Maybe some of them give a few dollars—I do not know, but what I do know is that if Liberals had come in 2015 with the intent to carry out their commitments, Jim would have pharmacare now. His medication would be paid for now. He would not need to beg to get the money to get through the month.
If Liberals had kept their promises, someone like Jim would no longer have to worry about that. He would be able to contribute as he wants to, spend his time volunteering in the community and spend time with his family. His family is low-income too, so he has said very clearly that he has to do this because he does not want to burden his family. What a tragic choice to make for the entire family, and it was imposed on Jim by the Liberal government and the .
I talked in the House before about Heather, who is struggling to find affordable housing and is worried about losing her apartment any month now. As rents skyrocket in the Lower Mainland in the New Westminster—Burnaby area, she shares a one-bedroom apartment with her mother and with her daughter, and they are struggling to get by. She is struggling to keep a roof over her head. She is like so many others in the Lower Mainland, in greater Toronto and right across this country.
In any indigenous community we see the absolutely deplorable state of housing. If Liberals four years ago had come with the intent of actually keeping their promises, they would have done something that the member for and the entire NDP caucus have been proposing, which is to build affordable housing. Do as we did after the Second World War, when we had governments at that time that actually listened to the public.
When hundreds of thousands of men and women in the service were coming back to Canada, the federal government built not one, or 10, or 100, or 1,000, or 10,000 units. Over three years, it built 300,000 affordable homes for those returning men and women in the service, because Canadians knew and still know that there is an important responsibility that comes with power. At that time after the Second World War, that government got it right.
One of those homes is the one my wife and I live in on Glover Avenue in New Westminster, and it is still a very good home today. If Liberals had wanted to keep the commitments that they made in 2015, they would have built hundreds of thousands of units, just as we did after the Second World War, and people like Heather would be safe in affordable housing. They would not be worried about whether they would still have their apartment in a month or two months or three months. If the government had done the right thing, housing would be provided now to every Canadian, and every Canadian would have a roof over their head and would feel safe in their housing.
However, the Liberals did not do any of that. They made a commitment in the budget act to do something eventually if they are re-elected. It is the same with pharmacare. They will fill in some of the holes after they are re-elected. They have a callous disregard for what Canadians are living through.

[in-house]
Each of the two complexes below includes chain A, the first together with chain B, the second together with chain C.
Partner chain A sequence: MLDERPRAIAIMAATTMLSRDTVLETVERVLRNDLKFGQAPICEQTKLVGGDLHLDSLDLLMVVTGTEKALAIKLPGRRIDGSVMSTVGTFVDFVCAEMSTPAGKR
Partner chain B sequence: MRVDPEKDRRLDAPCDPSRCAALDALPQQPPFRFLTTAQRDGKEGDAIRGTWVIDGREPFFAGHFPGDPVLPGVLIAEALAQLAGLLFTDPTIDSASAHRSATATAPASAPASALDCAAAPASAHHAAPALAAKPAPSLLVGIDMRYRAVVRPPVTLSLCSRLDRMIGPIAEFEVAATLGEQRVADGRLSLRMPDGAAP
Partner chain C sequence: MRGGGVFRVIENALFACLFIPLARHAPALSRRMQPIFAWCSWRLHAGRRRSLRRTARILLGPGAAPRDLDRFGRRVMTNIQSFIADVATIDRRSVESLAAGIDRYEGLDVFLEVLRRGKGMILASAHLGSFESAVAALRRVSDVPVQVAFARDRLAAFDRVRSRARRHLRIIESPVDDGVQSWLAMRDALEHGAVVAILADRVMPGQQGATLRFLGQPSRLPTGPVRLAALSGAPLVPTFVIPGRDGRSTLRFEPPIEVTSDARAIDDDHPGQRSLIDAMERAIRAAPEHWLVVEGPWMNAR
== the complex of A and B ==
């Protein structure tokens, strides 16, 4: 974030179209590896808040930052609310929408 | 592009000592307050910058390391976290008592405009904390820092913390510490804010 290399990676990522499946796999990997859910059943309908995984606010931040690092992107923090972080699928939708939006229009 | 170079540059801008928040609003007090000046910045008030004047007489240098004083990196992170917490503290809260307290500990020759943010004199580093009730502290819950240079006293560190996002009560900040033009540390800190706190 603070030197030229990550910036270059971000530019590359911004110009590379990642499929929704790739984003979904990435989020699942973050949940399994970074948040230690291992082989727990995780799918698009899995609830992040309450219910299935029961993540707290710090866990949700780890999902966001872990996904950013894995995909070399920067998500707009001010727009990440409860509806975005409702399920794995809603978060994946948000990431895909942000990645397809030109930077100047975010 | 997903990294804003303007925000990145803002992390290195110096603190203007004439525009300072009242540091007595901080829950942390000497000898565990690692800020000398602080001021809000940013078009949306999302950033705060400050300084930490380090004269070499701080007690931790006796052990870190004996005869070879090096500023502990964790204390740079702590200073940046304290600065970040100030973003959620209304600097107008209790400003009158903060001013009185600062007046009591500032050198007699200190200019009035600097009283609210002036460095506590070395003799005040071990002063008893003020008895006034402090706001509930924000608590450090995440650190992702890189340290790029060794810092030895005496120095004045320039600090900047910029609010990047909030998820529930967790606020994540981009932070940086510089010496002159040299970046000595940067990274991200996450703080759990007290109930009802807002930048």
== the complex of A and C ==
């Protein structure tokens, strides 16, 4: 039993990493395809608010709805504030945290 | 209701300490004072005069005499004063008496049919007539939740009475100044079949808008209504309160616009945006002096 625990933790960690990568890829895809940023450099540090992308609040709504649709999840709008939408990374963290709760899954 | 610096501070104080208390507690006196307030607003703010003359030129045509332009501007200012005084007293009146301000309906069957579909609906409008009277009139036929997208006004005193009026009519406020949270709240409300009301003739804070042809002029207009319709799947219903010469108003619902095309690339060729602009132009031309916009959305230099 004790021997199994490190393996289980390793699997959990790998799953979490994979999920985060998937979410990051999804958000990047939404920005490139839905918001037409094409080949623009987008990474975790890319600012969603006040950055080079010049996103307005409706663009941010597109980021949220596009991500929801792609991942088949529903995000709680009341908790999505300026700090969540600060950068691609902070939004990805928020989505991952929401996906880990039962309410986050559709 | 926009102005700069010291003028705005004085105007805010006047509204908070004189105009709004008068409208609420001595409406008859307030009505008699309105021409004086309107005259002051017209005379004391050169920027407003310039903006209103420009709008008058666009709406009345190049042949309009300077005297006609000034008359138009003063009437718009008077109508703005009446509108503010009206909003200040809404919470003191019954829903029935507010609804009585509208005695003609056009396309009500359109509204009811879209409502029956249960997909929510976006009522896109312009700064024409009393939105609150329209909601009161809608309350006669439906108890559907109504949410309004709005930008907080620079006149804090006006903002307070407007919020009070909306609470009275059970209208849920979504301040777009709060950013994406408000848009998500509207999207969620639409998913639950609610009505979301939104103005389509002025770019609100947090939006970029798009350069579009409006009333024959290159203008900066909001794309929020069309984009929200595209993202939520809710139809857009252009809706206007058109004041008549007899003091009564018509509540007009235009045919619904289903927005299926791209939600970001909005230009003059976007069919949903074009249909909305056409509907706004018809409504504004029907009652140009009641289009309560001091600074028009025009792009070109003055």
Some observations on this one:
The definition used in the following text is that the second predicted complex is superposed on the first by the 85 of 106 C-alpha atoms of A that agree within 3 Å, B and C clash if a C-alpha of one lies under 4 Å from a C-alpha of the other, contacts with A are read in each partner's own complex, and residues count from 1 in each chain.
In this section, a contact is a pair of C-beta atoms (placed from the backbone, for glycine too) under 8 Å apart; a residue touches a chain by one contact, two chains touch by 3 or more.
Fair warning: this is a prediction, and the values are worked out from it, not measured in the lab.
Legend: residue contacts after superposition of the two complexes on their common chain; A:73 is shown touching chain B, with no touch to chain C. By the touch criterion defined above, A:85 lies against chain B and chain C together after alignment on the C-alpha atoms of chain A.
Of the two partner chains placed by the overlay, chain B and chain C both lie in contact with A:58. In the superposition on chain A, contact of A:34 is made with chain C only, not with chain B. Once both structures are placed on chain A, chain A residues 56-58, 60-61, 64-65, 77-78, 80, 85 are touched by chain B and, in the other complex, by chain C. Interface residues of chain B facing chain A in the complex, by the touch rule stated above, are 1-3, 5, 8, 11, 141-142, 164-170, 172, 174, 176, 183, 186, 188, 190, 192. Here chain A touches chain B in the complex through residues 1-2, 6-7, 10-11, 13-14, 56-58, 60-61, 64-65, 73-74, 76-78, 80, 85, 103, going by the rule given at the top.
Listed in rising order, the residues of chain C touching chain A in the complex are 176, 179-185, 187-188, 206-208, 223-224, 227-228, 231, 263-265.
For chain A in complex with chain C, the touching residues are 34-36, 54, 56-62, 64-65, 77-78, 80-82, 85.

We have seen the figures. They show that things are getting worse, not better, yet Liberals stand in the House and say everything is great. Excuse me, but when statistics come out, as they did a few weeks ago, showing that 46% of Canadians are $200 away in any given month from not being able to pay their expenses, we have to think about that for a moment. It is half the Canadian population.
It may be $200 for a car repair, or perhaps something they have to contribute at school. It may be a health problem. Goodness knows, they do not have access to pharmacare, and if they have to pay for medication, a $200 margin is all they have before they go even more deeply in debt. Canada now has, after 20 or 30 years of Conservative and Liberal governments, the worst record in the industrialized world for the level of family debt.
All of this splurging on Bay Street, these massive tax handouts that are given left, right and centre, have left a decimated middle class. It is not only the worst family debt crisis in our nation's history; it is the worst family debt crisis in any industrialized nation's history. Canadians are struggling under massive levels of family debt. They are trying to pay for their homes and having to borrow to stay in their homes. They are trying to pay for school or for their children to go to university or college and they are struggling and going further into debt. They are going into debt to pay for their medication. They are going into debt for a wide variety of basic needs that are no longer met by our federal government in any way, shape or form.
What we have with this budget implementation act is a powerful symbol of four years of inaction by the current Liberal government, four years of betrayal and four years of broken promises. I think that on October 21, Canadians will judge the Liberals on those broken promises.